Monday, April 13, 2015

Top 10 Games of the Past Generation: Faster than Light

10. FTL: Faster Than Light

Shields are failing. All but one weapons system are down. Multiple hull breaches have taken the lives of crew members in engineering and the command deck, leaving only the captain, the chief combat officer, and a newly rescued young psychic locked in hand to hand combat with invading enemy Mantises in the medbay of the Aegis. While his two crewmates buy precious seconds, The captain struggles through burning corridors in a last ditch attempt to repair the door control subsystem before the flames consume the ship’s dwindling oxygen supply. All seems lost. 

Suddenly, an opening. An errant asteroid strikes the enemy vessel precisely as the combat officer unleashes the last of the Aegis’s missile reserves. A single missile penetrates the shield opening left by the asteroid, smashing into the enemy’s own weapon’s bay and setting nearby systems ablaze. The interruption in the barrage buys the Captain enough time to repair the Aegis’s door controls, sealing the enemy invaders in the Aegis’s own burning corridors before venting their air into the void of space. 

The tides quickly turn. With the fires and invaders under control, the weapons officer and psychic are able to being the weapons system back alone while the captain restores full power to shields. The enemy ship, now themselves nearly devoid of crew members and quickly losing hull integrity, attempt to jump to light speed and make their escape. No such luck. Another asteroids cripples their FTL drive, and a final missile seals their fate. The Aegis lives to fight another day. 

If you could point to one defining trait of this past gaming gen, it might to be the arrival - or, arguably, revival - of widespread emergent gameplay. Emergent gameplay, loosely put, refers to those “unprogrammed” moments when a game’s open design allows the player to witness something wildly unexpected and unique to their own gaming experience. While for the most part this trend has been associated with free-roaming sandbox games in the vein of Rockstar or Bethesda’s work, the mostly linear FTL: Faster Than Light features perhaps the most stunning emergent moments you’ll find anywhere. That sense of possibility, the chance that something new and unexpected could happen at any moment, that there might be any number of previously undiscovered solutions to any given problem - that’s what emergent gameplay is all about.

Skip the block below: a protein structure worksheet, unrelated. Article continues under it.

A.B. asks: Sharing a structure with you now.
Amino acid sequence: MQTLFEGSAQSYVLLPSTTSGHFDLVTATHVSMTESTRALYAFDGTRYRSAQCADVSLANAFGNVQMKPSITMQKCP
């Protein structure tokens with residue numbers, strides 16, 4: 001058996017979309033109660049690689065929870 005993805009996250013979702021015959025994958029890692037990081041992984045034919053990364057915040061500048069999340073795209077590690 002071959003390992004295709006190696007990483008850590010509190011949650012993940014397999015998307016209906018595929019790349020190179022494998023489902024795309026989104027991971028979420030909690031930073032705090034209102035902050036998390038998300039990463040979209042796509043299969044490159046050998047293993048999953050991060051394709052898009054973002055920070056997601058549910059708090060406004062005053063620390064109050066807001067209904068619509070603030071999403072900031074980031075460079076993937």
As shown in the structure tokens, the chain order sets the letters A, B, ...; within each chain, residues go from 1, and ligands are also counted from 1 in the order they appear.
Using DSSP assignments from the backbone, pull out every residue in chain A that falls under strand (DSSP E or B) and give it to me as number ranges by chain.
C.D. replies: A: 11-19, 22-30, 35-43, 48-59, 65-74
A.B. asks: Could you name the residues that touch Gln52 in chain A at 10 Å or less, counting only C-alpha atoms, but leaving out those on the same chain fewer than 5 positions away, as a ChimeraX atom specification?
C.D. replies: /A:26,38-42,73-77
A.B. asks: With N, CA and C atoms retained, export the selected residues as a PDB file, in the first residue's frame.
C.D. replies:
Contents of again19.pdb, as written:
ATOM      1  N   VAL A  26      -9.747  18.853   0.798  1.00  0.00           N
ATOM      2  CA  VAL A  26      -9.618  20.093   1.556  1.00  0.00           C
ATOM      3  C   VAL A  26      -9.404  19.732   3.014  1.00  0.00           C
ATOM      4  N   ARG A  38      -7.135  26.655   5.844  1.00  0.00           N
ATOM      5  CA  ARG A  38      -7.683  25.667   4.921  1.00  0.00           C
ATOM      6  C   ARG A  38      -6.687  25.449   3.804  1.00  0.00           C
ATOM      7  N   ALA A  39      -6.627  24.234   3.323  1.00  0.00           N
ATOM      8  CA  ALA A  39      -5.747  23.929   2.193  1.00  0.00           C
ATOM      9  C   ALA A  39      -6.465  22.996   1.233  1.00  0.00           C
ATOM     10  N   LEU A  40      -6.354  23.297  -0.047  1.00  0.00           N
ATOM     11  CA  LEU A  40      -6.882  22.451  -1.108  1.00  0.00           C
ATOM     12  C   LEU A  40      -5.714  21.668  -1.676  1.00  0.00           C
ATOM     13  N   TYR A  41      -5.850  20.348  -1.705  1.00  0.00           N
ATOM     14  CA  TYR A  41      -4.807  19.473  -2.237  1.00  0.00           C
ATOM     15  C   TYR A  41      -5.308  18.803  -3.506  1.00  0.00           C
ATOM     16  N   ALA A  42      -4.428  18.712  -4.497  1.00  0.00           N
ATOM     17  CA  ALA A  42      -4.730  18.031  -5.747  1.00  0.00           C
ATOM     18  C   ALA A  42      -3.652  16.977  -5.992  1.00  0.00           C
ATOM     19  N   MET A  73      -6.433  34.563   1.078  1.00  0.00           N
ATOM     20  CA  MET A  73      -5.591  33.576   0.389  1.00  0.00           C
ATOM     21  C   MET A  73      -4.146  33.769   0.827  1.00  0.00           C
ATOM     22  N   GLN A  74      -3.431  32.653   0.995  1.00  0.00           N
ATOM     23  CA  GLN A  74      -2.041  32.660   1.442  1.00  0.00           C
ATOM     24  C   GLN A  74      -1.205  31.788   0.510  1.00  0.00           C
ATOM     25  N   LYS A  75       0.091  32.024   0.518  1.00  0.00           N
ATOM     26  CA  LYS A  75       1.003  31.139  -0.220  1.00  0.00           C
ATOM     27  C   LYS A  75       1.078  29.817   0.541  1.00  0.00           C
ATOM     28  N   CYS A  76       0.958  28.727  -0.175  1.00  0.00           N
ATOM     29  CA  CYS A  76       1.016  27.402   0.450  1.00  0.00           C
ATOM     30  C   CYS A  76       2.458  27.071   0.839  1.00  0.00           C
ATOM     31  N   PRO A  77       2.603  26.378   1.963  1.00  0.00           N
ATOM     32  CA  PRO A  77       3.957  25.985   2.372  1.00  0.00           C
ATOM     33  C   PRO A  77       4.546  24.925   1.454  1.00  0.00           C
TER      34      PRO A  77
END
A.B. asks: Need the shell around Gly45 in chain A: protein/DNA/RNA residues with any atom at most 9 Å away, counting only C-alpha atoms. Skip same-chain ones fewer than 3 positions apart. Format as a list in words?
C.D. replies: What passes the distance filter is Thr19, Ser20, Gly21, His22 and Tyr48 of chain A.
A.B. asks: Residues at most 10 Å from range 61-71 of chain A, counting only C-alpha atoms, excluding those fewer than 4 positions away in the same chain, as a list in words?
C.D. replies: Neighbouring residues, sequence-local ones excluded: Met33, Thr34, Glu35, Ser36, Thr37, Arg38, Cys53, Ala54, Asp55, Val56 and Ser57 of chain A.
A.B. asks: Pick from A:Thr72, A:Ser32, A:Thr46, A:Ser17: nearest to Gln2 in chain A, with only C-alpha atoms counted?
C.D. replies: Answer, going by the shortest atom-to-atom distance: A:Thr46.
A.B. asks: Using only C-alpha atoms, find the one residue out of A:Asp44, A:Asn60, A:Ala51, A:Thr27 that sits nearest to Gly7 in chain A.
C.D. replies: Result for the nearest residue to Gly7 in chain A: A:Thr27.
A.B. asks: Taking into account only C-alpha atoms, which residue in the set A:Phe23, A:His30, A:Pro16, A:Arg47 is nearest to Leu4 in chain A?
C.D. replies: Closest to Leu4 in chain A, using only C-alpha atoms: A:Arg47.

You could argue that this has always been the biggest draw of the Roguelike genre, but FTL stands out in particular for its accessibility. It’s by no means an easy game - brutally difficult, on the contrary - but it overcomes the massive barrier to entry in otherwise phenomenal titles like Nethack and Dwarf Fortress:  the user interface. While hewing to Roguelike tradition in using only the most rudimentary 2D graphics, FTL’s clean and intuitive control menus put those other titles and the byzantine Star Trek: Starfleet Command GUIs to shame.

Anyone even vaguely familiar with the tropes of TV space combat can pick up FTL and instantly understand what it means to divert power from engines to shields, represented here by simple icons and energy bars and accompanied by sound effects that always signal exactly what even a casual SciFi film viewer would expect them to. The pew-pew of incoming laser fire, the shhhck of a pressure-sealing door, the humming decrescendo of a failing power supply - nothing could make more sense or communicate the complex turns of space combat so easily. Even my boyfriend, who has no patience for punishing gameplay difficulty, abandoned Dark Souls in less than hour, and categorically refuses to play anything he doesn’t find superior to Civ V as a baseline, took to FTL immediately and has come back to it regularly for years without fail. Which says more than you might think about the game’s staying power.

True, the “losing is fun” philosophy turns a lot of people off by default. And yes, even after the (free) additions of the Advanced Edition, FTL is a little sparse in the variety of unique encounters, most of which you’re likely to see repeating after a handful of playthroughs. But the beauty of FTL is that the impact of those encounters is utterly unique every time. The individual narrative of your ship, your choices, and your crew alter the meaning and outcome of those encounters with infinite variation. FTL, in other words, though always new, is always familiar. In all the right ways. And that’s only one part of what makes it my tenth best game of the past generation.

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